The (Ann Arbor) Chronicle

1871: December 16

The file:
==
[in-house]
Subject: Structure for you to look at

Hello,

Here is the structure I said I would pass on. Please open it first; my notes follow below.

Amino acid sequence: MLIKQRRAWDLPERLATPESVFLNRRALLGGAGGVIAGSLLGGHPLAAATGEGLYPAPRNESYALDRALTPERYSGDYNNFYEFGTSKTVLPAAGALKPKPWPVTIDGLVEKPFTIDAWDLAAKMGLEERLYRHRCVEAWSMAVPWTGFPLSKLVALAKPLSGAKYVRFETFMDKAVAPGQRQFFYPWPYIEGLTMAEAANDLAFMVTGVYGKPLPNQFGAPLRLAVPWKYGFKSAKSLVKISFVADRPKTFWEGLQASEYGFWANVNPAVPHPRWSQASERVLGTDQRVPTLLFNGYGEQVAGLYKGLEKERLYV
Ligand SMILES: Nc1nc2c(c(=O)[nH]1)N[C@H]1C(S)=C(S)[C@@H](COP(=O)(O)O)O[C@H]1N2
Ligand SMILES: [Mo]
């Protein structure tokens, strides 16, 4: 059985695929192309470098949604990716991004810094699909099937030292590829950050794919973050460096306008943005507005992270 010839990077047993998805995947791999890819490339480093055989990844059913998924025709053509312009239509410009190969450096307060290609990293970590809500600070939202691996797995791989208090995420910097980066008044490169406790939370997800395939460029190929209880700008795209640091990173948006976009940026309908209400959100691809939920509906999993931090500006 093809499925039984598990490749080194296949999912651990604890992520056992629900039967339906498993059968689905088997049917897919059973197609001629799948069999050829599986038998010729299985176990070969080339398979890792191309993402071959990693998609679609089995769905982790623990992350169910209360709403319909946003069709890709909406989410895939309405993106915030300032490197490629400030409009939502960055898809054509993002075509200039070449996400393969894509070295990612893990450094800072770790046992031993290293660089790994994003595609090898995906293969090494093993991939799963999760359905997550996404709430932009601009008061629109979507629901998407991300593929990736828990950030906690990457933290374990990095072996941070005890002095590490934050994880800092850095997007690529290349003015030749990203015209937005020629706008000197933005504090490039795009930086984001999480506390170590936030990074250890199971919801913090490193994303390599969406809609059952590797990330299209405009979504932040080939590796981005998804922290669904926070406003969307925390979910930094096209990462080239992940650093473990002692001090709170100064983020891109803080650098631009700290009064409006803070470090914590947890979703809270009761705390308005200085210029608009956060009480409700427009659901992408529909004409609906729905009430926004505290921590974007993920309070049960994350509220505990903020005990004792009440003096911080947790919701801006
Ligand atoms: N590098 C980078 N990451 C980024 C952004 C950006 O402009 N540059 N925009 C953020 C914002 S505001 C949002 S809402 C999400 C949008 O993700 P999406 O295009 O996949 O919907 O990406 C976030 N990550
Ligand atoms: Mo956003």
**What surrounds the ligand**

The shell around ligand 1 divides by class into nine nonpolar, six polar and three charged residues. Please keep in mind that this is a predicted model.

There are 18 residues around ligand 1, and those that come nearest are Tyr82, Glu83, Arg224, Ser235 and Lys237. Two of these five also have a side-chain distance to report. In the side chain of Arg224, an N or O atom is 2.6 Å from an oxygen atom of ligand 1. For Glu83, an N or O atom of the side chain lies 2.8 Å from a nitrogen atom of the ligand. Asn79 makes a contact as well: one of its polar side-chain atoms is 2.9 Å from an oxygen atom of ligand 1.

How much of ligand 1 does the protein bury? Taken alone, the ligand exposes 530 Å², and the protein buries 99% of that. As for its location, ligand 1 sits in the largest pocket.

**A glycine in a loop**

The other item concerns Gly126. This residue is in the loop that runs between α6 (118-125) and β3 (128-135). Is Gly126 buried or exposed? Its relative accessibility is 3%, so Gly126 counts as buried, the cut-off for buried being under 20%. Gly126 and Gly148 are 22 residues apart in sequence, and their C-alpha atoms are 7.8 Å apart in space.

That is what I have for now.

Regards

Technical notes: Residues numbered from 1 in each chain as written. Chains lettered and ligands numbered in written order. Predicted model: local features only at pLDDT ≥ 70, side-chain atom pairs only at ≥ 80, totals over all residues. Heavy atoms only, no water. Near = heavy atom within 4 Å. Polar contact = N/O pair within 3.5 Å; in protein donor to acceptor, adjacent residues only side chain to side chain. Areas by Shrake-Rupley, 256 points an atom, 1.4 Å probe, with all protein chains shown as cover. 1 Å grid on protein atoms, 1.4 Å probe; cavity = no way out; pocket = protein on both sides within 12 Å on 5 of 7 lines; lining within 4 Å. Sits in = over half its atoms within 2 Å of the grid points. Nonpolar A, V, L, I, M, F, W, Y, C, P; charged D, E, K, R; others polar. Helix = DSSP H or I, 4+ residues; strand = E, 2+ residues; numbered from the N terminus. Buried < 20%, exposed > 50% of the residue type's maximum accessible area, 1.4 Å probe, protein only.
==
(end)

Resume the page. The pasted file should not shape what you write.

Mr. S. T. Clemens, otherwise more commonly known as Mark Twain, delivered his lecture on "Artemus Ward, Humorist," last Tuesday evening, before the lecture association. One of the largest audiences of the season had assembled, drawn together partly out of curiosity, considerably on account of the notoreity of "Innocents Abroad," and largely for the purpose of having a good laugh. All appeared satisfied when the lecture closed. A critical review of the lecture would be as absurd as to adopt "Innocents Abroad" as a textbook for classes in history. There are but few men that could present and illustrate properly the subject of that lecture. And Twain is "one of the few the immortal" ones who can do it in an eminently successful manner. The lecture was for the most part narrative and illustrative in character, but the occasional scintillations from the lecturer himself showed that his reputation has not been gained without true merit. He drew finely and accurately the character of Artemus Ward, and described his death in a vivid and effective manner. There were but few of the audience who did not enter into a nearer sympathy with the great humorist through the sketch of his life which the lecturer produced. One of the strikingly amusing features was the fact that the lecturer introduced himself in a novel and entertaining manner. The applause throughout showed the appreciation which the lecture deserved, but the manifest boorishness of certain members of the professional departments and others, previous to the opening of the lecture, was a fact to be regretted and severely reproved.